UNITED STATES—Native plants like coast live oak, valley oak, toyon, flannel bush, Western redbud and California lilac (ceanothus) are among the most resilient of plants as the weather gets dry and warm after spring. So are plants from similar climates, like bottlebrush, oleander, rockrose, grevillea, acacia and eucalyptus. They survive dry summers by dispersing their roots deeply into soil that does not get as desiccated as surface soil naturally does (without irrigation).
Ironically, these most resilient plants can also be difficult to work with while they are young. Because they rely on extensive root dispersion for survival, new plants that have not yet dispersed their roots can not survive long without regular watering. They only become tolerant to drought as their roots disperse into deeper soil.
However, because they are adapted to arid conditions, they do not like to be too damp for too long. Roots soon rot in soil that does not drain adequately between watering. They therefore need to be watered frequently, but not too frequently. Yes, that is as confusing as it sounds.
To make it even more confusing, these plants will need less watering as they mature and disperse their roots. Bottlebrush, oleander, contoneaster, hop bush, firethorn, grevillea and juniper can certainly tolerate more water than they really need; but wasting water is contrary to selecting drought tolerant plants to conserve water. Manzanita, coyote brush, rockrose, flannel bush and redbud may actually succumb to rot if watered too much. Even perennials like Pacific coast iris and yarrow can have problems.
Pine, oak, acacia and especially eucalyptus disperse their roots as soon as they can, so do not want to be confined in containers. It is therefore best to plant smaller young specimens than larger ones. #5 (5 gallon) eucalypti get established in the garden more efficiently than larger but more expensive #15 (15 gallon) trees. If #1 trees were available, they would be even better.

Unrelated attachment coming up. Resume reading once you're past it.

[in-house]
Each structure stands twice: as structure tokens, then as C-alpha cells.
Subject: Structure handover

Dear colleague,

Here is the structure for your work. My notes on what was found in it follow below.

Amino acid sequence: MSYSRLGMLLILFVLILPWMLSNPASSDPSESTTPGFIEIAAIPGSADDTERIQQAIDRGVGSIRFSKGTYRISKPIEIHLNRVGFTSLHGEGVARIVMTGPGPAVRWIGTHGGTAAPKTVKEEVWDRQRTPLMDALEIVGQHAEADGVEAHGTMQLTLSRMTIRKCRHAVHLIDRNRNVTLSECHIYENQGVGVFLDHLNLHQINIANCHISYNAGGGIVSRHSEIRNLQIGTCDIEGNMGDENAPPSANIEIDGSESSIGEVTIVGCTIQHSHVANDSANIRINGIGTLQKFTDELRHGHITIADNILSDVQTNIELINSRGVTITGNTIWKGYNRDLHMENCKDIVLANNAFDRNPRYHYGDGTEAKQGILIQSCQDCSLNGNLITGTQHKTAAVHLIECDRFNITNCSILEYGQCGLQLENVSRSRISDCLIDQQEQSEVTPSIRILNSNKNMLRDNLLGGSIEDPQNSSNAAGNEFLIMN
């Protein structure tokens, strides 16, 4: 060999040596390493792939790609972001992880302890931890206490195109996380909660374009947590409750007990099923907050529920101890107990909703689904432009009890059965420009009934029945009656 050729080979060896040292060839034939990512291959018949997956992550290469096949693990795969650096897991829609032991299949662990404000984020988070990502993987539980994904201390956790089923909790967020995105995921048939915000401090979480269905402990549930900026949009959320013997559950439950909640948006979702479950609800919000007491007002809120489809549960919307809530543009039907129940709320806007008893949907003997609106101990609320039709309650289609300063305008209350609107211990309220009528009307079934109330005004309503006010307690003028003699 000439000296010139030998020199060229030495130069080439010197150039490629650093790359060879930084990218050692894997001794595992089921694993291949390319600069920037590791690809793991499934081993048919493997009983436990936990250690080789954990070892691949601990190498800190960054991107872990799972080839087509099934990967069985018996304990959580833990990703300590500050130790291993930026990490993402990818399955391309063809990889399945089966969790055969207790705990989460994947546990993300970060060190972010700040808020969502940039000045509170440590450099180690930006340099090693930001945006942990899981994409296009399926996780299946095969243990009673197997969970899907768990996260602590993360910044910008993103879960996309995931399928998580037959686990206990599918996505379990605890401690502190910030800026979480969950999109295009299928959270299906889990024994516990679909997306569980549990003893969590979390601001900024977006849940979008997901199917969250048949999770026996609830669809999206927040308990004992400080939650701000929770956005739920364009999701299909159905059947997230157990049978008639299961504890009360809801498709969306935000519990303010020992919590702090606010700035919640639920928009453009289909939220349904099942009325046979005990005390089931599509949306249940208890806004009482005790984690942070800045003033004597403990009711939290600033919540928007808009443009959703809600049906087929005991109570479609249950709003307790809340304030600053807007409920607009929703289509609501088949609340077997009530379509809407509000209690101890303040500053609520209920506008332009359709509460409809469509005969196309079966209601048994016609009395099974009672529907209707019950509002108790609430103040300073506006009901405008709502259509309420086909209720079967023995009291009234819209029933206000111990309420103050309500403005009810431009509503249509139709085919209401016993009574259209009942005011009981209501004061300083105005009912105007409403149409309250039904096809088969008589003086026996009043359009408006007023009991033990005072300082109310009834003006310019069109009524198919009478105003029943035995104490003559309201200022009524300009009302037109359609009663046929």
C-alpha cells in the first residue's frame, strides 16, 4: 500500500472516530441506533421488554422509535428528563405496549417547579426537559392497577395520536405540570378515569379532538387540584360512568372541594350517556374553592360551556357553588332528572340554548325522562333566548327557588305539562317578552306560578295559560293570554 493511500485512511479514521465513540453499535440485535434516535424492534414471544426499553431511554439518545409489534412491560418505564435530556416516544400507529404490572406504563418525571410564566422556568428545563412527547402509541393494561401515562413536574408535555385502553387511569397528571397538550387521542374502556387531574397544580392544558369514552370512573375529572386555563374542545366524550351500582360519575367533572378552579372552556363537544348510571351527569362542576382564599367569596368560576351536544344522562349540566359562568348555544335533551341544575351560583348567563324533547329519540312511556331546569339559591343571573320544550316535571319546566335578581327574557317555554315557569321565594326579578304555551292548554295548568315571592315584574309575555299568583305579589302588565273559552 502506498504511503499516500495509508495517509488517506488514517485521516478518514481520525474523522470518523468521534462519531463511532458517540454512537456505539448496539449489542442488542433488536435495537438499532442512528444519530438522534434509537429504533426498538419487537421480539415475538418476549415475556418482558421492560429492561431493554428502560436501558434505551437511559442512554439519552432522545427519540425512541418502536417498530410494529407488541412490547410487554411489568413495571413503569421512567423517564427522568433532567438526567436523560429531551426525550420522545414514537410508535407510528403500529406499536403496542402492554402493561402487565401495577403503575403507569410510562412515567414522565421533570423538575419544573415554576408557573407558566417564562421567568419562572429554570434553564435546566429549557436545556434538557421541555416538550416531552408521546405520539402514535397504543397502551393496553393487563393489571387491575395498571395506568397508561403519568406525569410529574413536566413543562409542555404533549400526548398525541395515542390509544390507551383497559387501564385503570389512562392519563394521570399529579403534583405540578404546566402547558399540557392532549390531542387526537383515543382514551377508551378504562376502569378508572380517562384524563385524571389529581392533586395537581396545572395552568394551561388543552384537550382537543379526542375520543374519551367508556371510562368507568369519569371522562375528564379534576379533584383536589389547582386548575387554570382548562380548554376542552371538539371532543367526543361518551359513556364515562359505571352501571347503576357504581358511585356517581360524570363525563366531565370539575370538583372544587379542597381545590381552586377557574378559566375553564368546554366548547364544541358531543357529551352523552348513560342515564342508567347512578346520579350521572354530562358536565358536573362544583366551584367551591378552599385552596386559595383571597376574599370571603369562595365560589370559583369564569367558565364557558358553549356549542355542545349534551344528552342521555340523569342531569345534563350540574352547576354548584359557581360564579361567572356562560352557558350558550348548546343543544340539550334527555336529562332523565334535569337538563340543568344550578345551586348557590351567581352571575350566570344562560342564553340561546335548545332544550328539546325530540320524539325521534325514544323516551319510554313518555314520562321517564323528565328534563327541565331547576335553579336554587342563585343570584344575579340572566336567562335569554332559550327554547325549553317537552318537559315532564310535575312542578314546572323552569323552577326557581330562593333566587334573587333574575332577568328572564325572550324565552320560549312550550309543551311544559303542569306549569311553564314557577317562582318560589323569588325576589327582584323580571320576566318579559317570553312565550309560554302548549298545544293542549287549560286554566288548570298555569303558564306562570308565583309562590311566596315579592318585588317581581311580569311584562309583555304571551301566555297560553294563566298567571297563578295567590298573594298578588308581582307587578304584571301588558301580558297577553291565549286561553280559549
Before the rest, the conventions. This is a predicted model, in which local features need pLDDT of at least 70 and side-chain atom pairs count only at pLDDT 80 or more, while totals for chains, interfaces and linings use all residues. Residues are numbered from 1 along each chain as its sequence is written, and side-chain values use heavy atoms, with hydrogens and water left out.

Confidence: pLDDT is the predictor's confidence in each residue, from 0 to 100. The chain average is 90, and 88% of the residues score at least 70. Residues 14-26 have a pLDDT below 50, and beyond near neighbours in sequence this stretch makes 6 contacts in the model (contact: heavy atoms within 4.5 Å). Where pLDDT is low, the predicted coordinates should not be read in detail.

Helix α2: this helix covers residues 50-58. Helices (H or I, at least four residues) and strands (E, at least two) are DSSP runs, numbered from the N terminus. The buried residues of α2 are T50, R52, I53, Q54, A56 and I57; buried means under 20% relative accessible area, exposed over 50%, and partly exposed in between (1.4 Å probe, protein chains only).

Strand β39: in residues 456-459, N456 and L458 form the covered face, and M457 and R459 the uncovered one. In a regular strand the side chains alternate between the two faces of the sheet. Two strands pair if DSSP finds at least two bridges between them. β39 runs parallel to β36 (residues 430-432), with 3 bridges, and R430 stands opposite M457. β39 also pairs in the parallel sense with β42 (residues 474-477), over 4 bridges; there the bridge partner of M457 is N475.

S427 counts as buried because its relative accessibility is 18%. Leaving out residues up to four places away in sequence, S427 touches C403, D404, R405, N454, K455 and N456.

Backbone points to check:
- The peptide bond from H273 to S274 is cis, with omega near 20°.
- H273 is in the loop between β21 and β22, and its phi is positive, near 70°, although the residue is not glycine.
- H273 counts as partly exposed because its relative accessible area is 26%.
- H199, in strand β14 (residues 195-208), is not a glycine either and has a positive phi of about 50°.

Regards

highlight: African daisy
Only a few decades ago, the only familiar African daisies, Osteospermum spp., were the sprawling and often sparsely branched ‘freeway daisies’ with blue-eyed white or rarely light purple flowers. They made nice blooming ground cover that could be planted in drifts for a bit of color among the deep green of Algerian ivy on expansive freeway embankments.
Modern varieties are shrubbier perennials with more profuse bloom of white, cream, pink, purple, pale yellow or pale orange flowers, mostly with blue or purple centers. Some yellow flowers have yellow or cream centers. Some of the fancy types have spooned petals like some types of cosmos or chrysanthemums. After the primary bloom phase in spring, a few sporadic flowers may continue to bloom through summer until the secondary light bloom phase late in summer. However, the old fashioned ‘freeway daisy’ types do not always display a second bloom phase. Varieties with variegated foliage are still rather rare.
Even though African daisies can survive in inferior soil with minimal watering, they perform best with good soil and regular watering. Plants in containers can not disperse their roots like they want to, so are are more dependent on regular watering. Fertilizer prolongs bloom.